No offense. You have ants in the kitchen. Your company’s secret sauce is nearby and it’s delicious. A few ants have already had a taste, and they are communicating with any other ants that will listen about where to find the good stuff. The colony is nearby and it is only a matter of time before this stuff is freely accessed by everyone. These first ants are building chemically illuminated pathways directly to your most treasured company assets for their friends. You haven’t had time to keep a clean kitchen in your startup, so you can continue to keep a dirty kitchen and wait for the inevitable future at your peril.
Who are these ants? The ants could be employees that tend to talk, soon to be ex-employees that will work for a competitor, hackers that can exploit vulnerabilities in your IT systems, corporate directors that aren’t good at keeping a secret, industrial spies from your favorite nation state, employee spouses that like to brag, interns that do not understand the consequences of sharing or information theft, ex-employees and vendors that still have access to your systems, or many other possibilities.
Before you can adequately protect your secret sauce, you need to figure out what it is. The basis for your secret sauce is typically something confidential, e.g., information, processes, inventions, software code, customer lists, or competitive strategy. By the time the secret sauce gets shared with the whole ant colony, it’s no longer secret and has lost its value.
You need to thoroughly look everywhere in the kitchen to get a handle on composition and location of the secret sauce. Make a log. Figure out what is core to the business and what is ancillary, as some of your treasured assets will require greater protections. Figure out which sauce is protectible legally and technologically. Understand who contributed to the creation of it and whether all of the secret sauce is properly codified in the company’s records, or if it still resides in minds of the creators who could leave the company at any time. Figure out if the company has properly documented rights to the secret sauce. Then, bring this list to your Patent/IP attorney, as this is only the start of a long process to secure your company’s assets.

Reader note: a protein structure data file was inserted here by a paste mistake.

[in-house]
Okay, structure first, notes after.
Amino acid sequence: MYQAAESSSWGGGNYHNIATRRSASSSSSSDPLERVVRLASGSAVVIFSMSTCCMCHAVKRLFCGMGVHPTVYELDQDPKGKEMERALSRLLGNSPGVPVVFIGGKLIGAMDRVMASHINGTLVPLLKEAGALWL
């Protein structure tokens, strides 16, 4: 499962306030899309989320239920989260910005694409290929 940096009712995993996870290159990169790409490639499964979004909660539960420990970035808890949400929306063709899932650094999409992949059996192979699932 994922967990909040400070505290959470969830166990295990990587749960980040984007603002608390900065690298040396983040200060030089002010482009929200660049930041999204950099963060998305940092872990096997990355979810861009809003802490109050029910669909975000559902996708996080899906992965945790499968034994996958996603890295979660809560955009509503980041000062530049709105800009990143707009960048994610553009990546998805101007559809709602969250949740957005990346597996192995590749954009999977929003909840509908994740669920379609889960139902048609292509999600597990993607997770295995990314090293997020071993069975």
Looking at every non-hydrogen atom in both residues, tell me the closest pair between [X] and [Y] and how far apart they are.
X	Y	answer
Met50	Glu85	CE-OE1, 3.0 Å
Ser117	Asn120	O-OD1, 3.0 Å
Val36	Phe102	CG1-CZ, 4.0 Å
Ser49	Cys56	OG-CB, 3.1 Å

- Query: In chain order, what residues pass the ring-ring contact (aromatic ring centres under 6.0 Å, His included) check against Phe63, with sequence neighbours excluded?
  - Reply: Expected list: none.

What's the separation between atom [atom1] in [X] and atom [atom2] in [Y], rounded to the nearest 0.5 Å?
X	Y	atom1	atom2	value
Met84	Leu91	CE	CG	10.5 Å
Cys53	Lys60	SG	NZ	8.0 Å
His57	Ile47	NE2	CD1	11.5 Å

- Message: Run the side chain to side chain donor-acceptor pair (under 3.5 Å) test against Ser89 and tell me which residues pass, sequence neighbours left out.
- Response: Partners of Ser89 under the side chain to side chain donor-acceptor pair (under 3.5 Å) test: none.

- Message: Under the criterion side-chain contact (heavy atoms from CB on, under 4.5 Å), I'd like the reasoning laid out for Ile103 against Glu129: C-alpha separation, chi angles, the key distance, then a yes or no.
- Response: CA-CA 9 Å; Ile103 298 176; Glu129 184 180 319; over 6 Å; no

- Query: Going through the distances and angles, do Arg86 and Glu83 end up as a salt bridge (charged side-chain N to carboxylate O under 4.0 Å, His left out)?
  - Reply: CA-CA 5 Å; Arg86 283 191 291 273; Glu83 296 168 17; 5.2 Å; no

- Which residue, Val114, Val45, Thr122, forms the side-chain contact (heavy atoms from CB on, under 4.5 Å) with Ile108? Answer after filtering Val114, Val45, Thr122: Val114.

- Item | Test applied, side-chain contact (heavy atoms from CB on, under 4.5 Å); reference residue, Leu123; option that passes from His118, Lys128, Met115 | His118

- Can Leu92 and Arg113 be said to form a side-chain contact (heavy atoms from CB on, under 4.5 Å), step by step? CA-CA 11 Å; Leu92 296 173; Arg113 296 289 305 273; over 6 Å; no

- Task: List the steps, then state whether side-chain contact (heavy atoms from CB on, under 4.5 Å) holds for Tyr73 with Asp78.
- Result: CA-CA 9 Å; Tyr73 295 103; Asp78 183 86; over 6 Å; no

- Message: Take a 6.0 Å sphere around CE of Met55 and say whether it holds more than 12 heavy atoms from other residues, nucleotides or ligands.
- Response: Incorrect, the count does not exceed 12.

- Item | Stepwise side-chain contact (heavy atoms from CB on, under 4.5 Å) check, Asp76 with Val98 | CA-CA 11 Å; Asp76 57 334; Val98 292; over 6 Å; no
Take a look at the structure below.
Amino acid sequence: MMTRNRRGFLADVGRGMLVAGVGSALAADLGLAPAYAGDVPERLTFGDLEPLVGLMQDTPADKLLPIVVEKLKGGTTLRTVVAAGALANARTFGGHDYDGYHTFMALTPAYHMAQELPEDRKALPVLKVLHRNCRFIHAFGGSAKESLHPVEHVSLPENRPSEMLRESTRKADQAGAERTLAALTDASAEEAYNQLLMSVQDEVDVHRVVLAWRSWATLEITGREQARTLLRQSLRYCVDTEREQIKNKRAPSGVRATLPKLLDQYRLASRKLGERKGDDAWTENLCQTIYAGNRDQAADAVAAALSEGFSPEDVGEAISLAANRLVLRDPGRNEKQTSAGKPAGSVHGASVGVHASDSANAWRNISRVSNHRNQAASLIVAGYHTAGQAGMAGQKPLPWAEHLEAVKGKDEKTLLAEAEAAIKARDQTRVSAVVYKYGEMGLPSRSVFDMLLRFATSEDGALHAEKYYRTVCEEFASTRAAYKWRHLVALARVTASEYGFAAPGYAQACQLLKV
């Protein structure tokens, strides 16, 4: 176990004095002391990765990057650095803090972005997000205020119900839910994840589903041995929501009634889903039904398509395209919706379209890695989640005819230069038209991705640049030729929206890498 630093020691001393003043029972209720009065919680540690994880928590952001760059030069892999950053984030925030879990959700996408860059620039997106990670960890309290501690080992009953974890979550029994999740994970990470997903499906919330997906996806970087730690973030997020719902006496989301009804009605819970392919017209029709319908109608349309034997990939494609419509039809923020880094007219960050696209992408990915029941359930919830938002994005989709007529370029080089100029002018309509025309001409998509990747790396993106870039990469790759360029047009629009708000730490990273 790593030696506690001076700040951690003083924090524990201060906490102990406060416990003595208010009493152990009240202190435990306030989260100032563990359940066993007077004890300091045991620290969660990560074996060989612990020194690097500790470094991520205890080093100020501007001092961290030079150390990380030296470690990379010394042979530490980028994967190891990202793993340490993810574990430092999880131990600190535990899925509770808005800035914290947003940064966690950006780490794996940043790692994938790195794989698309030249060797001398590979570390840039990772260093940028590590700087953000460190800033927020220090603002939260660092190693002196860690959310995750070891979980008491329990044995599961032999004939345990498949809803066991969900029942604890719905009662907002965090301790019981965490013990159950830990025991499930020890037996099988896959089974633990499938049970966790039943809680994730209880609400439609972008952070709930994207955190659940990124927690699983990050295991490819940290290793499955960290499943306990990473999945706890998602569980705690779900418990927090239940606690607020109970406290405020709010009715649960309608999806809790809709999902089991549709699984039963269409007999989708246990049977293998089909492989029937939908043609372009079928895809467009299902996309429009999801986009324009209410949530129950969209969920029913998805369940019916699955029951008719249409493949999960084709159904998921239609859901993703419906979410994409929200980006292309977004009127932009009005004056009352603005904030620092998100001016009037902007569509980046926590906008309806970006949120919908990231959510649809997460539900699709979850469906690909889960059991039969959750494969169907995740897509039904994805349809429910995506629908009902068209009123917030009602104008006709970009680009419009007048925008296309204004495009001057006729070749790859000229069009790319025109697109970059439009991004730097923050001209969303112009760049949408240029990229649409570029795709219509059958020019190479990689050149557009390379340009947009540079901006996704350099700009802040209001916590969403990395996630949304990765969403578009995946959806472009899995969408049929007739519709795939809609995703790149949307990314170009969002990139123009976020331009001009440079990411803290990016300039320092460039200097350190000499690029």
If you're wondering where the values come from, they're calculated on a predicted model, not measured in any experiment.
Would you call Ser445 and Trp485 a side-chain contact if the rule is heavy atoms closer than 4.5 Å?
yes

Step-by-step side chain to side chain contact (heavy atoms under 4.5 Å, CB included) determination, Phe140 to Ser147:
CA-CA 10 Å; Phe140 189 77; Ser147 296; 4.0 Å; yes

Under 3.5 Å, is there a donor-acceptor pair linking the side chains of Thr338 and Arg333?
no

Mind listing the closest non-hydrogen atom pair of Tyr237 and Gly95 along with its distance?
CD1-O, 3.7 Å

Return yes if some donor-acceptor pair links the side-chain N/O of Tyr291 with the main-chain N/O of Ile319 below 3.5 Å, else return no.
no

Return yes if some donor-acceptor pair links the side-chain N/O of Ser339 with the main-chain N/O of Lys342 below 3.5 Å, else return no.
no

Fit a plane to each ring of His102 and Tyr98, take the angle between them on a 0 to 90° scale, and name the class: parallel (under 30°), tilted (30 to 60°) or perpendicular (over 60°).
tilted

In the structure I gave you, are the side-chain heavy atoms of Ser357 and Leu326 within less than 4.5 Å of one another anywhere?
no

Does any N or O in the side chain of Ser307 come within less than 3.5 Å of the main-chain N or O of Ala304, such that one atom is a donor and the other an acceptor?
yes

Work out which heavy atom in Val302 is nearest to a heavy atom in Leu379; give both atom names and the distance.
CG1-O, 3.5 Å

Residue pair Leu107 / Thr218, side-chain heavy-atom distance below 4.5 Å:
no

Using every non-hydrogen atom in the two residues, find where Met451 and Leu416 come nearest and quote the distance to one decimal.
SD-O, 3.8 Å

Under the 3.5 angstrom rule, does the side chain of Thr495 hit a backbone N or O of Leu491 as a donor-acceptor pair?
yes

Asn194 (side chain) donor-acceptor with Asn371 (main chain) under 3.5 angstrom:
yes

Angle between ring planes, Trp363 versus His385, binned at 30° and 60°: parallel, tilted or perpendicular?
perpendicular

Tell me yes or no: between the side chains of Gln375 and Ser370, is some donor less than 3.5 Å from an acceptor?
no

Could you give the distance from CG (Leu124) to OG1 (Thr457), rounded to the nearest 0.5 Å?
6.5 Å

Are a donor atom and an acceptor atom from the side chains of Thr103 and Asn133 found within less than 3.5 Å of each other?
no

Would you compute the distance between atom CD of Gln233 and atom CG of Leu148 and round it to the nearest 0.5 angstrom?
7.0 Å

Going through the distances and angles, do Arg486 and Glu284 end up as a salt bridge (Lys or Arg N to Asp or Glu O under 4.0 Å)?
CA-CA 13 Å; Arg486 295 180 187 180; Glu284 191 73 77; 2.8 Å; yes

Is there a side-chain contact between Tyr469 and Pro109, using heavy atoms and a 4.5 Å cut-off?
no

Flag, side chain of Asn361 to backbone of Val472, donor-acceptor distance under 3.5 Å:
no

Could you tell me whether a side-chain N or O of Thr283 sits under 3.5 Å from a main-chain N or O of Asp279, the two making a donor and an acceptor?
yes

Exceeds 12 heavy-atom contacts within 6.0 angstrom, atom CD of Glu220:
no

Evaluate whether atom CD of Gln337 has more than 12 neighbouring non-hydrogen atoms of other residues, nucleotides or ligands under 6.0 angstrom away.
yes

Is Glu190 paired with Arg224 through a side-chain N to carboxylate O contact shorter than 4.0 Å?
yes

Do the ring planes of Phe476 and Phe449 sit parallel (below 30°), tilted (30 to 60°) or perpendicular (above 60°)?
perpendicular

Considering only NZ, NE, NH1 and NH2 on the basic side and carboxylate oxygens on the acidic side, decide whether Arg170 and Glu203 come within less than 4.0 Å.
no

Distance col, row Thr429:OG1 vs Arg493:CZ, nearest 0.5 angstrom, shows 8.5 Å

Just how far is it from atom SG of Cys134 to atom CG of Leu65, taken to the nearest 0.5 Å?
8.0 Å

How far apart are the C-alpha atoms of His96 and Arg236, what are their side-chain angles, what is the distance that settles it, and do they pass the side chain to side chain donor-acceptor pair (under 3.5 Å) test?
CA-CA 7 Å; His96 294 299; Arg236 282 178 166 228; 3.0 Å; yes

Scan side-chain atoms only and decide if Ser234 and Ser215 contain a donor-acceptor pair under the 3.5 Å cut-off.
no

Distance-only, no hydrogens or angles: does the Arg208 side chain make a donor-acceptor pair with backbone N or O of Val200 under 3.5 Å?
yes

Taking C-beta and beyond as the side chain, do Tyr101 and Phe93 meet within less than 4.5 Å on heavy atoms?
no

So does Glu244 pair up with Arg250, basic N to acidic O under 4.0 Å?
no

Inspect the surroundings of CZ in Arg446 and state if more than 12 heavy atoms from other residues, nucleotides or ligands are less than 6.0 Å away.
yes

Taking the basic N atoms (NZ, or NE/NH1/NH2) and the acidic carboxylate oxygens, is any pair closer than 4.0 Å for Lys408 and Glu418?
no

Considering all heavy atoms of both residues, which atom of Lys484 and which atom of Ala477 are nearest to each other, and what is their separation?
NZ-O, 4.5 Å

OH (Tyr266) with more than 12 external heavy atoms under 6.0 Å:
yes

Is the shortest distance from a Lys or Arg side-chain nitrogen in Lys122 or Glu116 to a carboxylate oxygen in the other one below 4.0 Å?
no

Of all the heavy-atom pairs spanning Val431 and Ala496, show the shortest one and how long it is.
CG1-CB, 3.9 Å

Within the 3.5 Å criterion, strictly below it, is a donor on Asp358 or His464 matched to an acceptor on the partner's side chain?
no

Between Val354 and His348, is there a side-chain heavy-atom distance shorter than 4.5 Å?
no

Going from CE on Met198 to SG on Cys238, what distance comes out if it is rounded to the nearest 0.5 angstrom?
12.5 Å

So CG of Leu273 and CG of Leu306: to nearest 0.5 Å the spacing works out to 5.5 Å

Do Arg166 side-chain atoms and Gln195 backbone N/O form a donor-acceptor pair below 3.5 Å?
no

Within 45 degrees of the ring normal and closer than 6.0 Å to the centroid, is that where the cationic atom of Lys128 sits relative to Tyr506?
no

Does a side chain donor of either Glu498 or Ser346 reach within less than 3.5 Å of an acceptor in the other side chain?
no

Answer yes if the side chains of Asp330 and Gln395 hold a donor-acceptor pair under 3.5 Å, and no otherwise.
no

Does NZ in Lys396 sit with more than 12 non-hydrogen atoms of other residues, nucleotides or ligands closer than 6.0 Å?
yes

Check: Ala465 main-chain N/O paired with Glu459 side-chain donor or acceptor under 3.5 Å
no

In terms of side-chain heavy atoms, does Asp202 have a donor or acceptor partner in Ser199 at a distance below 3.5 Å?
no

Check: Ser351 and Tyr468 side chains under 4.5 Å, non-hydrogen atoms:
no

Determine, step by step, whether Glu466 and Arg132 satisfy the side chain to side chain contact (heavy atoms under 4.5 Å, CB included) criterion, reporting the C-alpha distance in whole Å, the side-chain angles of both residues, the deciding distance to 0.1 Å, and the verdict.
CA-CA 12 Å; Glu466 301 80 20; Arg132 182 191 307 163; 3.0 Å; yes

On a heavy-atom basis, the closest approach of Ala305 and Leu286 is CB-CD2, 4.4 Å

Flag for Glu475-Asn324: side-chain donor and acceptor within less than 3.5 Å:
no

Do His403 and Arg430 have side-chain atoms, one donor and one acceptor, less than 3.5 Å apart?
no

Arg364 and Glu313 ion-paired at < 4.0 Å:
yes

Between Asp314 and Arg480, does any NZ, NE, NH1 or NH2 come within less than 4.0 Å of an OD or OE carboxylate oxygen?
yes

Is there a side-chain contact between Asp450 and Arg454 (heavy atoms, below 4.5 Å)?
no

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At silverlegal, we like to use everyday language to help you understand your legal risks and make better decisions. While you can do your own secret sauce audit without an attorney, silverlegal helps business owners conduct a secret sauce audit for a flat fee. Schedule a consultation today.
This is the second blogpost in a series about confidential information. The first post can be found here. If you enjoyed this content, sign up to be notified when silverlegal releases new free content or request a consultation with silverlegal to learn about the benefits of a dedicated attorney-client relationship for your startup or small business at a flat monthly fee.
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